SMU’s Bridget Brownlow wins Peace Medal; heads to Yale for symposium

Saint Mary’s University is participating in “Twenty Years of Peace: Progress and Possibilities in Northern Ireland,” hosted November 29 and 30 at Yale University.

The symposium brings together academics, community leaders, politicians and architects of the Belfast/Good Friday Agreement, which in 1998 marked a formal end to the conflict in Northern Ireland.

 “Our Northern Ireland Peace Education Program has existed for 14 of the past 20 years since the Good Friday Agreement,” notes Bridget Brownlow, SMU’s Conflict Resolution Advisor and President of Peaceful Schools International.  

She and Dr. Robert Summerby-Murray, President and Vice-Chancellor of Saint Mary’s, are attending as invited discussants at the symposium on Yale’s campus in New Haven, Connecticut. Dr. Summerby-Murray’s academic research and teaching interests include cultural and historical geography in Northern Ireland; and he has been a strong champion for SMU’s collaboration with Peaceful Schools International, as well as experiential learning and global engagement.

Fresh from receiving the 2018 Peace Medal from the YMCA of Greater Halifax/Dartmouth on Thursday (Nov. 22), Brownlow looks forward to taking part in the Yale event. Her public panel session, “The Future(s) of Northern Ireland,” is chaired by Dr. Richard N. Hasse, an American diplomat long involved in efforts toward Northern Ireland’s peace process. Fellow participants include Simon Coveney, Tánaiste (deputy head) of the government of Ireland; Karen Bradley, British MP and Secretary of State for Northern Ireland; General John de Chastelain, a member of the International Advisory Board for Peaceful Schools International; and others.

“My role will be to speak to the unique and progressive nature of our peace education programming, whereby we are sharing the same peace education resources locally as we are with children in Northern Ireland,” says Brownlow.

“We have 14 years of very positive relationships with educators and more than 20 primary schools in Belfast, and those relationships are as strong as ever. It’s not unusual to hear people there say ‘the world has forgotten about us’. It’s always very reassuring that they know we at Saint Mary’s University and Peaceful Schools International have not forgotten about the people living in a post-conflict Northern Ireland.”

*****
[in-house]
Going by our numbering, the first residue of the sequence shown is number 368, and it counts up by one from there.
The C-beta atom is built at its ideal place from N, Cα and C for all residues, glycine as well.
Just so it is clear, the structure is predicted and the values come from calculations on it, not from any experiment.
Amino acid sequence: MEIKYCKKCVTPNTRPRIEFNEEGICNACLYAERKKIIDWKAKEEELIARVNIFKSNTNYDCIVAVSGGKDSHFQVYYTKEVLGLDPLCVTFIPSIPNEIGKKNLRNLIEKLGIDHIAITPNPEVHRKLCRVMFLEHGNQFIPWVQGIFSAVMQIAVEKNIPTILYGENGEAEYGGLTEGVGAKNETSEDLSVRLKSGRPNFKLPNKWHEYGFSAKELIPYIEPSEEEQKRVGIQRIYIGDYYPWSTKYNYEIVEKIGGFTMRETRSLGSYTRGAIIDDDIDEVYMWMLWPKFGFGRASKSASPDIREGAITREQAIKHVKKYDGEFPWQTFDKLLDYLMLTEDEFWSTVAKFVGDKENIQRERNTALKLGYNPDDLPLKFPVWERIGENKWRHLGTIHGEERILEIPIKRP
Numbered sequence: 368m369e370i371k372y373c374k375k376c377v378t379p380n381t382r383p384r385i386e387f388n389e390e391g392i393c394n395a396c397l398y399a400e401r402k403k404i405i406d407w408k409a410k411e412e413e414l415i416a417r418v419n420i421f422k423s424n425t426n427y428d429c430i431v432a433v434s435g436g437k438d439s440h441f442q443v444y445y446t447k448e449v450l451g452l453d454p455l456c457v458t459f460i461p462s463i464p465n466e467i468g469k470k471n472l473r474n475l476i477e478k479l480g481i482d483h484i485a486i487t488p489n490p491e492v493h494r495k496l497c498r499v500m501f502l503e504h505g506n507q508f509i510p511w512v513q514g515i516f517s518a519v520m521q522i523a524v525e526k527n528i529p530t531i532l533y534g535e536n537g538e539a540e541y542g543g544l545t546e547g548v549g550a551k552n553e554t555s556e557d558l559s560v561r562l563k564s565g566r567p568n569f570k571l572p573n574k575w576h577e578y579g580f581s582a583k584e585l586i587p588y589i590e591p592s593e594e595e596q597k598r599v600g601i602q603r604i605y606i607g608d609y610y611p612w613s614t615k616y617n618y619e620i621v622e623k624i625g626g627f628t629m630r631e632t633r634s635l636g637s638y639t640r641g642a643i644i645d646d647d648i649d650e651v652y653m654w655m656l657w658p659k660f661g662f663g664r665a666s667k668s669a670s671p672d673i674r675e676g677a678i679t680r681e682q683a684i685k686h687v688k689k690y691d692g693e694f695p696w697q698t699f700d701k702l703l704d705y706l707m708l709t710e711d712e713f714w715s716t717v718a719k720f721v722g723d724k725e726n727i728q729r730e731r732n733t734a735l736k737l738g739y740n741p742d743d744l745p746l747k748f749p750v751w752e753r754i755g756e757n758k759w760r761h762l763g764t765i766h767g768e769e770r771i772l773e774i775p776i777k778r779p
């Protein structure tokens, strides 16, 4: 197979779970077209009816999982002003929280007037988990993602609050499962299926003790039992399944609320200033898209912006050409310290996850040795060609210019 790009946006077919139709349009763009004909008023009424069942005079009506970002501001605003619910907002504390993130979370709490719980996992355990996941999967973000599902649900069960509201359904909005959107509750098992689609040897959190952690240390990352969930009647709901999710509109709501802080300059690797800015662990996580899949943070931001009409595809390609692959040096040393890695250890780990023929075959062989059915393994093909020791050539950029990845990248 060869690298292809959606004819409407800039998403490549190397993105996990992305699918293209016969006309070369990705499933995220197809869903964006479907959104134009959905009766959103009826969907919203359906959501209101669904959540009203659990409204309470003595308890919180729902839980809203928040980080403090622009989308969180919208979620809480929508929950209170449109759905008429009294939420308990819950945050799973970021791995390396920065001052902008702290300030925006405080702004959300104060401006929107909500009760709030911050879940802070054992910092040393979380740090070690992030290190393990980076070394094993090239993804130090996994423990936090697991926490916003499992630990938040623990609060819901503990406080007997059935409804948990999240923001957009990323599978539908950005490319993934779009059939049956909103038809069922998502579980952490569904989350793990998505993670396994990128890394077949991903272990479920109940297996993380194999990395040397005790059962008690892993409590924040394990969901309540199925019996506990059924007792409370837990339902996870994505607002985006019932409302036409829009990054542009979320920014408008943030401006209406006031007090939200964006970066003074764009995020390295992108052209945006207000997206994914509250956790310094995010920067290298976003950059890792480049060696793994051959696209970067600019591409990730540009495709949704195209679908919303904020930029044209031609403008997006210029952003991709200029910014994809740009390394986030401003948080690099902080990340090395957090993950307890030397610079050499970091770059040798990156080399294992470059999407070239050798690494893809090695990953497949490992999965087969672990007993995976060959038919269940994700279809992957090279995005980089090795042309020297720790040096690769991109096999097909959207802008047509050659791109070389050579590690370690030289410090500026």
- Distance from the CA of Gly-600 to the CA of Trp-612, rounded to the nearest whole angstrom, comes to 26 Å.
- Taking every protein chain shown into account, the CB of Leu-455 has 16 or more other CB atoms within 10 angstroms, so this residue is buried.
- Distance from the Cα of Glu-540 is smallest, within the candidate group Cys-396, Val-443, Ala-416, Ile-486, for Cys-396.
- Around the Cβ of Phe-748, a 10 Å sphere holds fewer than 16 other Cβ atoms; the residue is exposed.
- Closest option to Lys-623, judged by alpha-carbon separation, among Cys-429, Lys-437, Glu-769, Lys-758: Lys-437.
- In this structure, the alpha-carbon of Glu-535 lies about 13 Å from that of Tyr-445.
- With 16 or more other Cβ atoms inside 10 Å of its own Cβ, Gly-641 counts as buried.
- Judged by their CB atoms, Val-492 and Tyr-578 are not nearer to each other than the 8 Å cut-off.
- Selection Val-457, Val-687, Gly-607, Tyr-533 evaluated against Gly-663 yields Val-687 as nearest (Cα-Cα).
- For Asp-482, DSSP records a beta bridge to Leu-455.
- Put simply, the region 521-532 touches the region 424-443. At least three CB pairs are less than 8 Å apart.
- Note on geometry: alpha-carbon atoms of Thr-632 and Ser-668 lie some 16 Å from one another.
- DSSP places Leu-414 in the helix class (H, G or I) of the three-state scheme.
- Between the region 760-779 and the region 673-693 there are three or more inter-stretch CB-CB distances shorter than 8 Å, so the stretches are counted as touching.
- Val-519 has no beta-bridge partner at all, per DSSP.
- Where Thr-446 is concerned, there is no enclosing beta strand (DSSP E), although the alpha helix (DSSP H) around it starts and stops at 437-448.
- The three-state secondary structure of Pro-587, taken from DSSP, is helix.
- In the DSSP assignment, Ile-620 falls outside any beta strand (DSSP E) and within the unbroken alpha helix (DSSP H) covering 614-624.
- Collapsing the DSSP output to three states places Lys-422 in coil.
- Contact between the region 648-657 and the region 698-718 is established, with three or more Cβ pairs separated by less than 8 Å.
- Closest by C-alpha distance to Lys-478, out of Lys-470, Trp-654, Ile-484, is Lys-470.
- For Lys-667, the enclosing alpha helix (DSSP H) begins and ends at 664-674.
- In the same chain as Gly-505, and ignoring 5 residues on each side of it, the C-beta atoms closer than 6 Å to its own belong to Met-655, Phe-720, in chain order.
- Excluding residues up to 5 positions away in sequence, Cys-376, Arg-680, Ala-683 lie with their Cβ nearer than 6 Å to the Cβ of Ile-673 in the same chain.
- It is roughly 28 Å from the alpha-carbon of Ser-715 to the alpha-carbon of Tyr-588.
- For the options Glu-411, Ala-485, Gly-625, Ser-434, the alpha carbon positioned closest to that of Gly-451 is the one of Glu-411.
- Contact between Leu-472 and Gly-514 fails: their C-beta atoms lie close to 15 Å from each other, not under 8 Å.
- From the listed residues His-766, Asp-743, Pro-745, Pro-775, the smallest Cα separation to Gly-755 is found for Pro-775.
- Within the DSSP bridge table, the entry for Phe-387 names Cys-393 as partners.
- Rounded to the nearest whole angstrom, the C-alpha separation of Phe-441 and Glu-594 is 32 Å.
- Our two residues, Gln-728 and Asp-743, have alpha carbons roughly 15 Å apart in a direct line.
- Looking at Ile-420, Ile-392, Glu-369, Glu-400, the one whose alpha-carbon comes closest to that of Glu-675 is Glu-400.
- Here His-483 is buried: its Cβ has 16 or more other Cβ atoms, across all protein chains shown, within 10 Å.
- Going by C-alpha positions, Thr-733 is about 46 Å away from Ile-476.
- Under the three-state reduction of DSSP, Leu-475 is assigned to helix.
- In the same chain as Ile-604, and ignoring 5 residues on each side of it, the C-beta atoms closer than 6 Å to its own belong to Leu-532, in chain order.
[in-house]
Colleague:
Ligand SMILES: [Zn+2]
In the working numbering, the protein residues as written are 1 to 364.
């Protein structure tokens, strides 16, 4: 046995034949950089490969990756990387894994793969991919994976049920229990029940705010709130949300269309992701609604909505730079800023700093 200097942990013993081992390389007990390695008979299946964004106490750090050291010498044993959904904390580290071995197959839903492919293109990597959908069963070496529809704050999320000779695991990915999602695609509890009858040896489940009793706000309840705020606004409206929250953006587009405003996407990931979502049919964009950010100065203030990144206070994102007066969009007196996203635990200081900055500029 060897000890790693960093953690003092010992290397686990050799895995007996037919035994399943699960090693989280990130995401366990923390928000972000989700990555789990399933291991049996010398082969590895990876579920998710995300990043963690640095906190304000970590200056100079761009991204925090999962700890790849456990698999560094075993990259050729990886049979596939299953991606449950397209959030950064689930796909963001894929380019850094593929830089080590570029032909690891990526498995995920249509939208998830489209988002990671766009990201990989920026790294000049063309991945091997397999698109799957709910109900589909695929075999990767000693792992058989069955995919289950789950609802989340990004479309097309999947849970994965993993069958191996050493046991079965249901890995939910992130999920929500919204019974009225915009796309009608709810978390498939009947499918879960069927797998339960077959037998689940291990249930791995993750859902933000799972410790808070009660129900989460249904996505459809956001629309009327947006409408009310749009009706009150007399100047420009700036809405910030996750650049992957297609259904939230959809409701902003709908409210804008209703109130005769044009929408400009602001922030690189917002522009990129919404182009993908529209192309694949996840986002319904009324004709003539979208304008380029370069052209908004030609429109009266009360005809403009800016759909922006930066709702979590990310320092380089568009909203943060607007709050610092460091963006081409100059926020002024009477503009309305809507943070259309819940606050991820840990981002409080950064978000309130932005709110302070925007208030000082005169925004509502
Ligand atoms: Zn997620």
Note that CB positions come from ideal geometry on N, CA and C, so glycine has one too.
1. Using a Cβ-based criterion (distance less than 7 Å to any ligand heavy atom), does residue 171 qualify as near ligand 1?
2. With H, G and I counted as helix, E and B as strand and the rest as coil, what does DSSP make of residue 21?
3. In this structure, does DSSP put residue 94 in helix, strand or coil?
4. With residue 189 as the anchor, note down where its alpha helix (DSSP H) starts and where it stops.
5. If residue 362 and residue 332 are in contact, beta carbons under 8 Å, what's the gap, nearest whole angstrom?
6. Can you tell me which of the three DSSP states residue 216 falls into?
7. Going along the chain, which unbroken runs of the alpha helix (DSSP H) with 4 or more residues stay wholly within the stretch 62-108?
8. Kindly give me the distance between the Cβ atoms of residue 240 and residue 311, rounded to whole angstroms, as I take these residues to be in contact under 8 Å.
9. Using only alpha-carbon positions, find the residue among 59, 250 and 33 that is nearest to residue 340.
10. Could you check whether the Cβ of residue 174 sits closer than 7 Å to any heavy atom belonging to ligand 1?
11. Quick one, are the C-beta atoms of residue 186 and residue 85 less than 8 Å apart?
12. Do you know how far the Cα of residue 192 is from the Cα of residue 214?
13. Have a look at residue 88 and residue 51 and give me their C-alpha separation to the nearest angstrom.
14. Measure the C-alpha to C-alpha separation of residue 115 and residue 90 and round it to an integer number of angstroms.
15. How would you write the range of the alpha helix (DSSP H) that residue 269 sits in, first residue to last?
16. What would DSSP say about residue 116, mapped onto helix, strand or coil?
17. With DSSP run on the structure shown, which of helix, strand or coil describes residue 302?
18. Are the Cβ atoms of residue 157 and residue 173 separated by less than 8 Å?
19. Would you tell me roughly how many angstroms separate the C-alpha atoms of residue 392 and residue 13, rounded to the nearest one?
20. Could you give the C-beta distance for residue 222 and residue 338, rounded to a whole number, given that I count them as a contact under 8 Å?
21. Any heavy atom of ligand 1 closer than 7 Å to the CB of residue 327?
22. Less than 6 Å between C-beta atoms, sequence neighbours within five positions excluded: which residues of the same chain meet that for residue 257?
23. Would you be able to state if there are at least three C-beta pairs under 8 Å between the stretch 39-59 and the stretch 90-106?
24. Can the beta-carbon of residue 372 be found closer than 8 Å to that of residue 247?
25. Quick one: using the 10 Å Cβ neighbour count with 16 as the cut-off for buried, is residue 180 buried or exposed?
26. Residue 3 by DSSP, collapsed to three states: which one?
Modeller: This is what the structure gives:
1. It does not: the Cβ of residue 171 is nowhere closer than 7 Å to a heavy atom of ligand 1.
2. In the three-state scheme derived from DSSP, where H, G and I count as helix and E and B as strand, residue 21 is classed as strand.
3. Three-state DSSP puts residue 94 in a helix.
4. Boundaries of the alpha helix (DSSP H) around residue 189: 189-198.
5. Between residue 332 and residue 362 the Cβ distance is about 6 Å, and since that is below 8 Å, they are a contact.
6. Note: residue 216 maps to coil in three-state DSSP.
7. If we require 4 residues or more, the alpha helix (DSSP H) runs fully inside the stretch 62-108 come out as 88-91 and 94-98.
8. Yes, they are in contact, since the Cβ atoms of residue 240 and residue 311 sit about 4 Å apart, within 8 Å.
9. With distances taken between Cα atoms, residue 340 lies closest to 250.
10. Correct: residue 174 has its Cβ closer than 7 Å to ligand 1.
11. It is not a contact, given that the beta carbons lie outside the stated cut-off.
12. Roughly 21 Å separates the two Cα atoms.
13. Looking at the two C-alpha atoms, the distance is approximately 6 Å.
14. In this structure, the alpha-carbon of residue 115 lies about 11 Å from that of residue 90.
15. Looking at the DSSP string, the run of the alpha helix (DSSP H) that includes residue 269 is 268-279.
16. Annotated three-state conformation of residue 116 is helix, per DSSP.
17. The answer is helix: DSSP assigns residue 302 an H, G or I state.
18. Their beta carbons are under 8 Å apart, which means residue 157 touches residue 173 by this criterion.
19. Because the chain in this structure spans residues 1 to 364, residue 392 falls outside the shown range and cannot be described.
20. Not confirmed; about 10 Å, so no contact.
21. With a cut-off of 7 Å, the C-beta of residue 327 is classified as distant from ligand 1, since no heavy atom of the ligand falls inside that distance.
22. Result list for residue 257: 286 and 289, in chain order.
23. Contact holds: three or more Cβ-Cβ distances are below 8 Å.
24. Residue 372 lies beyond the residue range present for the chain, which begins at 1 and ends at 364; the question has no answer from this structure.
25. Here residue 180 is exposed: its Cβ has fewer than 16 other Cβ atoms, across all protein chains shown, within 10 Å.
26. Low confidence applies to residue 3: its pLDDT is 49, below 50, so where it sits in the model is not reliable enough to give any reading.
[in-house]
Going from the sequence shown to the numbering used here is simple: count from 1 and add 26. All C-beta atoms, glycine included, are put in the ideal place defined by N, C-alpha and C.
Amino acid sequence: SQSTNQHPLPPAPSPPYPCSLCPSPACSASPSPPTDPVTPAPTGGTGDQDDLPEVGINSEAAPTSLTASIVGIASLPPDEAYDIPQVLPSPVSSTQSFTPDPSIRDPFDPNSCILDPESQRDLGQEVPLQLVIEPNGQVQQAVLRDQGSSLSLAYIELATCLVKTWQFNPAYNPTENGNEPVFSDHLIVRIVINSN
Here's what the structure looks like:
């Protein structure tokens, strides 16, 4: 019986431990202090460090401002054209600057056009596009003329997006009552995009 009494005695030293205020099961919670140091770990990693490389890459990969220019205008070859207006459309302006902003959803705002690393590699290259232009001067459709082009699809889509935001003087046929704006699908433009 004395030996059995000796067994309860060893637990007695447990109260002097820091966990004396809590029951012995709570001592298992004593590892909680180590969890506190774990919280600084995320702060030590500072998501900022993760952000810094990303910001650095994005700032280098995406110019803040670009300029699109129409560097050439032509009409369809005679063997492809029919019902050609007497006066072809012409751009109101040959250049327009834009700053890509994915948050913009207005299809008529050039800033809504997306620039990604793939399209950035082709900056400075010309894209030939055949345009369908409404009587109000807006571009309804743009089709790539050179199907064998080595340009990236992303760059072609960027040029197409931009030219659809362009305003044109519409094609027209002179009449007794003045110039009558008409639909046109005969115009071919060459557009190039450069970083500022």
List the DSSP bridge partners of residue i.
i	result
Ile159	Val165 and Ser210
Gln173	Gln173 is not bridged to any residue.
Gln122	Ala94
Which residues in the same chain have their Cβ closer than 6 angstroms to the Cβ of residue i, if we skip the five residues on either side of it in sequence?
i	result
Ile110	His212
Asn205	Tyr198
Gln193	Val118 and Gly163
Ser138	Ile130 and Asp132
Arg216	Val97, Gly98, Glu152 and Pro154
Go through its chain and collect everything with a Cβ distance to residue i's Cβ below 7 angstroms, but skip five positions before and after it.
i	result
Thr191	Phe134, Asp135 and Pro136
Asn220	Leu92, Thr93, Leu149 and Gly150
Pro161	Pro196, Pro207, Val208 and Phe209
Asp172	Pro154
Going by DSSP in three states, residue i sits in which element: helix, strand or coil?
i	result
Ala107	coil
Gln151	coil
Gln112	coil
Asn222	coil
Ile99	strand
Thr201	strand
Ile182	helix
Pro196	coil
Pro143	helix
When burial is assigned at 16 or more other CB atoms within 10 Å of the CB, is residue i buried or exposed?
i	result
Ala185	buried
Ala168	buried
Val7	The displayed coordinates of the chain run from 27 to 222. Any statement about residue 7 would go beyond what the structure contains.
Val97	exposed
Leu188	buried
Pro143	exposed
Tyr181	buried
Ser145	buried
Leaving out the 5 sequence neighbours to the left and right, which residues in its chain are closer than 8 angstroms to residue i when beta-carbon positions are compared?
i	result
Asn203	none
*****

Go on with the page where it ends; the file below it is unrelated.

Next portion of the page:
Saint Mary’s is also keen to continue a working relationship with researchers at Yale in relation to peace education. Brownlow and Dr. Bonnie Weir, a political science professor at Yale, are looking at ways for the two universities to collaborate and “we hope to find a way to bring Yale students to experience and possibly replicate our program in Northern Ireland,” she said.

The symposium is co-presented by Queen’s University Belfast and the Poynter Fellowship of Journalism. Notable attendees also include Tony Blair, former Prime Minister of the U.K.; Bertie Ahern, former Taoiseach of Ireland (1997-2008); U.S. Senator George Mitchell; and many others.   

Last month, with support from SMU and SMUSA, Peaceful Schools International launched three new storybooks written and illustrated by three Halifax junior high students. The resource books will be distributed to elementary schools in Nova Scotia and during the next SMU visit to Northern Ireland in February. The books have generated a great deal of interest – more detail can be found in these recent media reports:

 ·        Halifax students produce books to help promote peaceful schools (CBC Nova Scotia, Nov. 19, 2018)

·        Kids books created by kids (CBC Facebook videos, Nov. 19, 2018)

·        N.S. girl pens picture books to help other kids with conflict resolution (CTV News, Nov. 20, 2018)

 

 Photos by Stoo Metz